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Creativity cannot be quantified, says Finlandia Prize-winner Bo Carpelan


Creativity cannot be quantified, says Finlandia Prize-winner Bo Carpelan Bo Carpelan
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By Irma Stenbäck
     
      "I don't belong to anybody, and I belong to everybody. You were here before you stepped in, and you will stay here even when you have gone."
      The quotation is from the front pages of Bo Carpelan's novel Berg ("Mountain"), which is translated into Finnish under the title Kesän varjot ("Shadows of Summer").
      Carpelan, for his part, borrowed the sentences from the French Enlightenment philosopher Denis Diderot who wrote them in his 1773 comic novel Jaques le fataliste.
      The main character of the novel is an incurable fatalist.
     
Carpelan, 79, is currently the best-known Swedish-language writer in Finland, and really does belong to everyone. There is surely no other Finnish writer who has won so much praise, whose career has lasted six decades, and whose creativity keeps moving on.
      "Writing, telling stories, must be a joy. If it is, it can be a joy for the reader as well", Carpelan points out.
      The double-Finlandia Prize winner can well be compared with the radical Diderot, an encyclopedist, who had a command of the entire general knowledge of the time, in addition to his writings in philosophy, criticism of art, drama, and novels.
     
Brought up in a culturally conscious Swedish-language home, Carpelan says that he discovered the world of books when he was nine years old. "I marched into the library on Rikhardinkatu and I am still on that trip. One grows to become a writer by reading books written by colleagues."
      Before becoming a free-lance writer, the bookworm and Helsinki intellectual studied literature, philosophy, history, and psychology. His first collection of poems, Som en dunkel värme ("Like a Dim Heat") was published in 1946, in the same year that Carpelan began his library career with a job putting books on shelves.
      After his first collection, books started coming out almost every year: poetry, prose, children's books, young people's novels, collections of stories, translations, criticism. As a man of music, Carpelan also wrote the libretto to Erik Bergman's opera Det sjungande trädet ("The Singing Tree").
     
From his first job stocking shelves at the Rikhardinkatu library, Carpelan advanced to become deputy director of the Helsinki City Library, a position that he held until 1980. In addition to his work, his writing, and setting up a family, Carpelan wrote his doctoral thesis in 1960 on the poetry of Gunnar Björling.
      Well! It is not possible to avoid mentioning Carpelan's unique ability to win one prize after another. He has won more than 20 awards. The Finnish State Literature Prize has come in 1967, 1972, 1978, and 1989. He won the literature prize of the Nordic Council in 1977, the State Translator's Prize in 1985, the Nordic Prize of the Academy of Sweden in 1997, and now, he has won his second Finlandia Prize.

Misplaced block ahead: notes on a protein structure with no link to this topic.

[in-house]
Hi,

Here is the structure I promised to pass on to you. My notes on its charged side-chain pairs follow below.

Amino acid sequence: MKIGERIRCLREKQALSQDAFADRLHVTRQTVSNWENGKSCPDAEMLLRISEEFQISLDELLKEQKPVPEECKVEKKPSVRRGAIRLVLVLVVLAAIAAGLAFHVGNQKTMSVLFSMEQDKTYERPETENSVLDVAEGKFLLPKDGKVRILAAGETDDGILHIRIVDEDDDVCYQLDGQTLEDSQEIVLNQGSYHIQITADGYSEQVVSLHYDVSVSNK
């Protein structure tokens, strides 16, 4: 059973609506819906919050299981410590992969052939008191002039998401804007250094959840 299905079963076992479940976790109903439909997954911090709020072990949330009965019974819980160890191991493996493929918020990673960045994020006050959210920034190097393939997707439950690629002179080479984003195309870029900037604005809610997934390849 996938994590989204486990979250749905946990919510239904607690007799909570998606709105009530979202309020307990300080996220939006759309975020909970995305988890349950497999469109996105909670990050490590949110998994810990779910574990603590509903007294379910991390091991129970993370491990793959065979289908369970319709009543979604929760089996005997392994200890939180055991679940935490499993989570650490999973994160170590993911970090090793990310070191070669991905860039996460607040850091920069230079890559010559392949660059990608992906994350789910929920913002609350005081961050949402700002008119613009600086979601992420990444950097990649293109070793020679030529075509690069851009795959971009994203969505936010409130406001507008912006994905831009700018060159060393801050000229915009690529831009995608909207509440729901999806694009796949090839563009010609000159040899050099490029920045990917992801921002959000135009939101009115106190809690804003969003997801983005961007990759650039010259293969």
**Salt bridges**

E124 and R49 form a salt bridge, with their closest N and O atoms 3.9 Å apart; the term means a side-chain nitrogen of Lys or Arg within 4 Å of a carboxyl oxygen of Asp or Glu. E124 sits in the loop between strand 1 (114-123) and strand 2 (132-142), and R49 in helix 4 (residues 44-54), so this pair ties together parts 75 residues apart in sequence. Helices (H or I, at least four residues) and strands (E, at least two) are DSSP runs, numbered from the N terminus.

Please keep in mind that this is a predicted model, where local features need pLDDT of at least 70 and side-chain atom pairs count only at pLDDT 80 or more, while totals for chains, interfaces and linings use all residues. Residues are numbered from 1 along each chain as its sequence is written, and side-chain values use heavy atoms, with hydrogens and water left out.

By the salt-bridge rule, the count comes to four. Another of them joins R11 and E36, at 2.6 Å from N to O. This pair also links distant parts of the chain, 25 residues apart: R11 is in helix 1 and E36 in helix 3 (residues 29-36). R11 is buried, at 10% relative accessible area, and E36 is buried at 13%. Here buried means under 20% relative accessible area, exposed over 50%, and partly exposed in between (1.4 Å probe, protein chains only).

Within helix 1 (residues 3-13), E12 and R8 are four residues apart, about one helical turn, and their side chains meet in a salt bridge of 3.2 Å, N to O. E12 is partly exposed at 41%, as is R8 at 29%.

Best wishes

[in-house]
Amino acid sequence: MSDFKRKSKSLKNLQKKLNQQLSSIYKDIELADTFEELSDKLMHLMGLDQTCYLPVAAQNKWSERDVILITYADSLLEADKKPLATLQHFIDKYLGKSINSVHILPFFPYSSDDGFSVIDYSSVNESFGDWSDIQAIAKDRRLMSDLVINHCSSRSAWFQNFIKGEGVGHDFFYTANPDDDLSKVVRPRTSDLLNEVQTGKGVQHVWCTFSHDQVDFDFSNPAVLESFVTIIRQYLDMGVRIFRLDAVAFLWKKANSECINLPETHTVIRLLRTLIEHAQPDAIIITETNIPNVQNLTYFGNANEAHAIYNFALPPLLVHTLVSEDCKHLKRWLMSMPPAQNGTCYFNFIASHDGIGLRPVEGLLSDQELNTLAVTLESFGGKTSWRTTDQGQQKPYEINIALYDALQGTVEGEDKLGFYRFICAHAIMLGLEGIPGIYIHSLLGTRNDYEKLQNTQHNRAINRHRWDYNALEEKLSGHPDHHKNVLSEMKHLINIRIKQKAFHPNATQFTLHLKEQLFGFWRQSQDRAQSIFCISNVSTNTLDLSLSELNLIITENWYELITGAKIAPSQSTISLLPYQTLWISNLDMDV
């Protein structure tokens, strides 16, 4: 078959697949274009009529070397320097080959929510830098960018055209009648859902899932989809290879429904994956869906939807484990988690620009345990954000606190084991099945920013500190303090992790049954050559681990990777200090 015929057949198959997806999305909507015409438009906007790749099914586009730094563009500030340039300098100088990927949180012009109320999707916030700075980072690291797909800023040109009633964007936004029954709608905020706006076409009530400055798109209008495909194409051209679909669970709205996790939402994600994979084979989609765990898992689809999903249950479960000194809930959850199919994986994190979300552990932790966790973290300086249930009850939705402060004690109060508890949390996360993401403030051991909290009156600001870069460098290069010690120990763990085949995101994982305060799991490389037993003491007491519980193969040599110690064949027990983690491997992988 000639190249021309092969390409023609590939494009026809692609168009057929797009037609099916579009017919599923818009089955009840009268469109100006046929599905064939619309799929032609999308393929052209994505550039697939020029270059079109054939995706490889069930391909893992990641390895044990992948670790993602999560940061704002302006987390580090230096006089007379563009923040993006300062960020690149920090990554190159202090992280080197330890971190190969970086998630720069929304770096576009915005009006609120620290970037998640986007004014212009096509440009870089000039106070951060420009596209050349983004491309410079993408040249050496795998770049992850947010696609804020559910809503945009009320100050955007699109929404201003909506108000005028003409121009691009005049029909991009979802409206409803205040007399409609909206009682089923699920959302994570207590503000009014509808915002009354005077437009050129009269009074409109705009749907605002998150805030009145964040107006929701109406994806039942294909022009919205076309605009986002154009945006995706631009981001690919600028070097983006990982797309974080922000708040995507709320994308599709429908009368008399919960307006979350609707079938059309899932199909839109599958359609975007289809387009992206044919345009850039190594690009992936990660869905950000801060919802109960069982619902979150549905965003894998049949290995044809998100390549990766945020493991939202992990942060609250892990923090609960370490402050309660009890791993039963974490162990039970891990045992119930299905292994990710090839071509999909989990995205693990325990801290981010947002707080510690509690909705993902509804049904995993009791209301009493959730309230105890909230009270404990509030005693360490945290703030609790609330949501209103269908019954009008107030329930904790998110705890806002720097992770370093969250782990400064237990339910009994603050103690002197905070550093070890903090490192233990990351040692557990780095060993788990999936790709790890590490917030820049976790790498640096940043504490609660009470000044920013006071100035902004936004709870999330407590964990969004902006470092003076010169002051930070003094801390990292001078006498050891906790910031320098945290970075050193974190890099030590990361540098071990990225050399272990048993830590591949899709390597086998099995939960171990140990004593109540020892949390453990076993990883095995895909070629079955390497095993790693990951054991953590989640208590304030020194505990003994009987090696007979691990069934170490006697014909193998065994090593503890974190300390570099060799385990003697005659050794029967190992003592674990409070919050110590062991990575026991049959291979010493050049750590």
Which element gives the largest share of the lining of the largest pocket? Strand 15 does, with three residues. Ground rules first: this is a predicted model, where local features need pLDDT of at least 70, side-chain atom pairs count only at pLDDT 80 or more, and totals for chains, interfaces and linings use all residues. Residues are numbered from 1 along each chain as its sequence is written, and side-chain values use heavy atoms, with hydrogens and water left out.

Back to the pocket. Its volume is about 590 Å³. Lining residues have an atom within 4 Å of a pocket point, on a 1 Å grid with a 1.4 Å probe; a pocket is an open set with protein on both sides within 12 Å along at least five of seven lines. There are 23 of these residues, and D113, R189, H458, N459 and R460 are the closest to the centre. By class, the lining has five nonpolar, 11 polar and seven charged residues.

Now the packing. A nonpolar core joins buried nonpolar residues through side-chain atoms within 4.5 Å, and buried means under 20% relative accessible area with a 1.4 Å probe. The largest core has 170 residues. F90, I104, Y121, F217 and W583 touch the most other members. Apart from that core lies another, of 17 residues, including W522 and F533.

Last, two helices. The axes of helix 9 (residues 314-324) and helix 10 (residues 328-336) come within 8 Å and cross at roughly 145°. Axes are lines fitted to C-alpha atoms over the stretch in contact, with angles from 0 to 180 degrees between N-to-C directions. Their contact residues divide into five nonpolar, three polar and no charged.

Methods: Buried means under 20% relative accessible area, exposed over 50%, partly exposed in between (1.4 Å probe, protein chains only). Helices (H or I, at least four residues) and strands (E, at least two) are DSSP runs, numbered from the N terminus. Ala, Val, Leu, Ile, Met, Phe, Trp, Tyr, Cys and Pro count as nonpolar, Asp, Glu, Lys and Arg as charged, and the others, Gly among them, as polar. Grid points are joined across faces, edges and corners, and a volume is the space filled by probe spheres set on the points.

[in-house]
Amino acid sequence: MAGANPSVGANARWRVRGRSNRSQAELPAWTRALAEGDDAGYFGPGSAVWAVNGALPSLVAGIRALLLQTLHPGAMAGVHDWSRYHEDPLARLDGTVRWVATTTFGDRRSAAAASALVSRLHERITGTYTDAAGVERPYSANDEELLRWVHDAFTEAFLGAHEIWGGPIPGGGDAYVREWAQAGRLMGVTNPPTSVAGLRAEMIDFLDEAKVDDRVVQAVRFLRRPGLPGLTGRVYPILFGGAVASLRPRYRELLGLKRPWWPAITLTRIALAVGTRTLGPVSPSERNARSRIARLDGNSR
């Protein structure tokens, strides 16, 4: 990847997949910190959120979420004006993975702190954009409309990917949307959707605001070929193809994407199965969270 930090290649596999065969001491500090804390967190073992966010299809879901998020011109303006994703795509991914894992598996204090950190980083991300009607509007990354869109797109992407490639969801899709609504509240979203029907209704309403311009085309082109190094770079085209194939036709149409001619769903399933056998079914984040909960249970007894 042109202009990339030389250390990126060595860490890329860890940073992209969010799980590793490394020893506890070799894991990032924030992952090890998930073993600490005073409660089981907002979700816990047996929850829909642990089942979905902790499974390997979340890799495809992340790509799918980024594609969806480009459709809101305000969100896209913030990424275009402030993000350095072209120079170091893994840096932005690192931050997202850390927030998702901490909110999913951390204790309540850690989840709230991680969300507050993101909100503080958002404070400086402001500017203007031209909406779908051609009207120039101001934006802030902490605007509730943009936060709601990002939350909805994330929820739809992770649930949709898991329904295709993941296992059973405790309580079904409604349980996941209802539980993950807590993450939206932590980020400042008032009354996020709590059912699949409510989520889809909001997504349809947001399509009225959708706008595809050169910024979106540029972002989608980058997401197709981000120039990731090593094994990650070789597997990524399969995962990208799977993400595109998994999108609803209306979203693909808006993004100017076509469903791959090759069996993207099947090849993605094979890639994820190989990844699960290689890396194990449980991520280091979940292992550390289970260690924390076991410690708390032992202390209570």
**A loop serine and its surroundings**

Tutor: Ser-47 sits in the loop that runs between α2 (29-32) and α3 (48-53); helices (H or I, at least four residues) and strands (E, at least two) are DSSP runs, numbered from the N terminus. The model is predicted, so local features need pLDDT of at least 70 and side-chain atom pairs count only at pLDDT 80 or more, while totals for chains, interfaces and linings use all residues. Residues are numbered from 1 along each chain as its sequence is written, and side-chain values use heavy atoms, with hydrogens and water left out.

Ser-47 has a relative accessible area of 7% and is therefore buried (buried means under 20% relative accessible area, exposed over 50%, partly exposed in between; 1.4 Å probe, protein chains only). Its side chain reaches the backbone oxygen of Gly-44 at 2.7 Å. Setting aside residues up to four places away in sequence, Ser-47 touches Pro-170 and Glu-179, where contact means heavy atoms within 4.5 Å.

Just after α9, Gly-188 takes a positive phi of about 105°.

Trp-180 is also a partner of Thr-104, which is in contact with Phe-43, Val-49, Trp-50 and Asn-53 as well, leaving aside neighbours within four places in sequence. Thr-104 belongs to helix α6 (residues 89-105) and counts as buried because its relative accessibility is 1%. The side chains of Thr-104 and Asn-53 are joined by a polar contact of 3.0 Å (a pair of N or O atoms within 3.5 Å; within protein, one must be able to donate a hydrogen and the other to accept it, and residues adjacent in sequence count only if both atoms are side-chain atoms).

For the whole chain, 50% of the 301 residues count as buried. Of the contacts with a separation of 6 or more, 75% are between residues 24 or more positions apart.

Carpelan is fully bilingual, and an ideal interviewee. He is never at a loss for words, or patience, even though the man has been interviewed hundreds of times. He has praised the Rikhardinkatu library hundreds of times: without that institution, this discussion would not have taken place.
      "Reading is one of life's greatest pleasures. Nowadays, I only read good books!"
      Carpelan finds good books especially among the Russian classics: Chekhov, Tolstoy, and Dostoevsky. "When I was young I liked the profound Dostoevsky, but no longer. His texts are stale, dark, and the doors are closed. I prefer Tolstoy, who has a wide perspective. The novels of Chekhov are insuperable."
      A critical reader, Carpelan enjoys re-reading James Joyce's Ulysses and Thomas Mann's Buddenbrooks.
     
Age weighs on Carpelan's enthusiasm to read. He would like to read more modern prose, but he has to save some strength for other aspects of his life.
      "I do not want to mention names of my colleagues, but Finnish literature is going through a period of splendour. We have some very good prose writers. Sweden has nothing comparable."
      Carpelan has his own views on the so-called detective novel boom of Sweden and the Nordic Countries. "It seems to be enough to appear on television, to be a 25-year-old blonde, and to write detective stories."
      Well, Carpelan himself has also written on detective story, Vandrande skugga ("Wandering Shadow") in 1978.
     
Although writing remains a joy for Carpelan, the joy does not come for free.
      His latest novel, the prize-winning Berg, was written five times. His self-criticism has grown with age. In Carpelan's theory of art, the image has always been very important. "My writing has the picture as its starting point. I see everything as pictures, even my memories."
      Literature critic Pekka Tarkka saw in Carpelan's novel Urwind as "camera shots of an author's soul", and in Berg, he said "Carpelan's pen is his camera".
      What about now? How does it feel to have a second Finlandia Prize?
      "It is a heavy burden. Again, the same Finlandia carousel. Creativity cannot be measured. I tell everyone, that with the prize money I plan to buy a castle in France and an oil tanker. They will help me get rich."
     
Helsingin Sanomat / First published in print 9.12.2005  

More on this subject:
 COMMENT: Not the most appropriate, but the best

Previously in HS International Edition:
  Bo Carpelan first to win Finlandia Literature Prize twice (9.12.2005)

IRMA STENBÄCK / Helsingin Sanomat
irma.stenback@hs.fi


  13.12.2005 - THIS WEEK
 Creativity cannot be quantified, says Finlandia Prize-winner Bo Carpelan

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